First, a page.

As artistic director of The Royal Ballet in London, Frederick Ashton was a highly influential 20th-century choreographer. His distinct style—technically refined yet highly expressive—soon became a hallmark of English classical ballet. Ashton was prolific, creating more than 100 works over his 60-year career.
He was born in Guayaquil, Ecuador, to British parents and raised in Lima, Peru. At 13, he saw legendary ballerina Anna Pavlova perform in Lima, which sparked his interest in ballet. But it wasn’t until seven years later that he got the opportunity to study privately with former Ballets Russes dancer and choreographer Léonide Massine. After additional tutelage from master teacher Marie Rambert, he made his professional debut in 1925 with a small company, the Duenna Dancers.
Shortly after, Ashton started choreographing at the behest of Rambert, who saw his potential as a dancemaker early on. Though he initially focused his attention more on performing, dancing with the Ida Rubinstein Ballet Company for a year, it wasn’t long before his talent for choreographing became clear. Through a mentorship with Polish choreographer Bronislava Nijinska, Ashton developed his voice, creating successful early works like Façade (1931) and Les Rendezvous (1933) for Vic-Wells Ballet, the fledgling troupe that would later become The Royal Ballet. In 1935, he was appointed resident choreographer of the company. He set to work creating ballets that would soon epitomize the English style, known for technical brilliance, lyricism and sophistication.
After taking a choreographic hiatus during World War II to serve as an intelligence officer in the Royal Air Force, Ashton returned to Vic-Wells. He helped grow the company and develop it stylistically as it moved to Covent Garden and was renamed The Royal Ballet in 1956. He was appointed associate director in 1952, knighted by Queen Elizabeth II in 1962 and then named artistic director of the company a year later. Ashton retired from his position as director in 1970 but kept coaching and choreographing throughout the next two decades. He died in 1988 at age 83. DT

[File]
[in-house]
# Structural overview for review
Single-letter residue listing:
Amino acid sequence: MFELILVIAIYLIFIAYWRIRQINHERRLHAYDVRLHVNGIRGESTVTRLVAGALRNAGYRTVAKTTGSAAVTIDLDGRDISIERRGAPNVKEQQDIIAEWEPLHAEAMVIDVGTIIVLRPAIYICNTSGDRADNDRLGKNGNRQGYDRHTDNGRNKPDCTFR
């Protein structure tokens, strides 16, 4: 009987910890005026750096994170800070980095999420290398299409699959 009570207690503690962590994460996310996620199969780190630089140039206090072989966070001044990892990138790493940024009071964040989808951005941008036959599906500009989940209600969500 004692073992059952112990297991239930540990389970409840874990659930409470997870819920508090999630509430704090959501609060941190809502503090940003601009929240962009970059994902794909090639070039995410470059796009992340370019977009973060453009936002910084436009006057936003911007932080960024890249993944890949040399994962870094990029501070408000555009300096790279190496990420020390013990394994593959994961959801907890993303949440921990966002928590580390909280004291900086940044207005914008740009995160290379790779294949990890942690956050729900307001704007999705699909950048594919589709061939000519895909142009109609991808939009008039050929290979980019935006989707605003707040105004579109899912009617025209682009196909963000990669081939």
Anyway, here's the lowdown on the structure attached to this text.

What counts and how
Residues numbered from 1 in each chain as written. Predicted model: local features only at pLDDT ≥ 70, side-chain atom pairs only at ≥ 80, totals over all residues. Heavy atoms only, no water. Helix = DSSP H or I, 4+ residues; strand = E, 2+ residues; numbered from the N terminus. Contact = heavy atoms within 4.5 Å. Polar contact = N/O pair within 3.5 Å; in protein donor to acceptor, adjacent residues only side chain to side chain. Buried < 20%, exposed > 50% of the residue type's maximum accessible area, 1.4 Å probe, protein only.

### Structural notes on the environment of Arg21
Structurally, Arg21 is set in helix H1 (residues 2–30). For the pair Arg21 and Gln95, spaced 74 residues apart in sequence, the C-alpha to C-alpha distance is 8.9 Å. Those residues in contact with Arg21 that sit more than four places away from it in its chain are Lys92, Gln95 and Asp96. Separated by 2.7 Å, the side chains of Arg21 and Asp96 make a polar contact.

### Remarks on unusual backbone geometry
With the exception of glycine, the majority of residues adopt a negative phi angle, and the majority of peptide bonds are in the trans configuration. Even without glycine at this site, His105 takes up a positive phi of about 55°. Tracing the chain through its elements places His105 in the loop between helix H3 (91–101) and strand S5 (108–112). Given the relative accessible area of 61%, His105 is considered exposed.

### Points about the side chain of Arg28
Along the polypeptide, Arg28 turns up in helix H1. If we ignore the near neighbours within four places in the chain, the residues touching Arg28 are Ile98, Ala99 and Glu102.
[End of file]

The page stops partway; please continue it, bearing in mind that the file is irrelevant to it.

Ashton’s ballets are known for combining crisp technique with the utmost elegance. He was specific in the use of épaulement and often included quick footwork. Though he choreographed a handful of plotless ballets, many of his works were narrative, telling stories through the movement rather than relying heavily on mime. By developing individualized movement motifs, Ashton created memorable characters. Love, friendship, humor and loyalty were frequent themes in his ballets.
In his 20s, Ashton focused equally on performing and choreographing. Photo by Orthwine, courtesy of Dance Magazine archives
La Fille mal gardée (1960): For this comedic pastoral love story, Ashton experimented with challenging overhead lifts, a quintet clog dance and divertissements with props like garlands, ribbons, a maypole and an umbrella.
The Two Pigeons (1961): Fluttering, bird-like arm and leg movements added subtle texture to a classical pas de deux of supported balances, smooth promenades and sustained lifts in this ballet about the infidelity and reconciliation of two young lovers.
The Dream (1964): This one-act Ashton classic, based on William Shakespeare’s A Midsummer Night’s Dream, is known for its brilliant corps de ballet work by a fleet of fairies, a regal pas de deux and a donkey dancing on pointe.
A Month in the Country (1976): Based on a 19th-century Russian play by the same name, this one-act ballet demonstrated Ashton’s profound ability to tell a story through a series of emotional pas de deux and solo variations. It was one of the last works Ashton choreographed for The Royal Ballet.
Ashton choreographed a solo for former American Ballet Theatre dancer Leslie Browne for the 1977 film The Turning Point, starring Mikhail Baryshnikov, Anne Bancroft and Shirley MacLaine.
The Legacy Lives On
The Royal Ballet continues to be the primary vehicle for Ashton’s work and the English style. Many of his ballets, like Cinderella, La Fille mal gardée, The Dream and Sylvia, remain in the repertories of dozens of companies like The Australian Ballet, American Ballet Theatre and Joffrey Ballet.
“Sir Frederick Ashton,” by Elizabeth McPherson, Dance Teacher, February 2009
No Fixed Points: Dance in the Twentieth Century, by Nancy Reynolds and Malcolm McCormick, Yale University Press, 2003
The Frederick Ashton Foundation: “Frederick Ashton Biography,” by Julie Kavanagh: frederickashton.org.uk
Royal Opera House: “Frederick Ashton: Choreographer”: roh.org.uk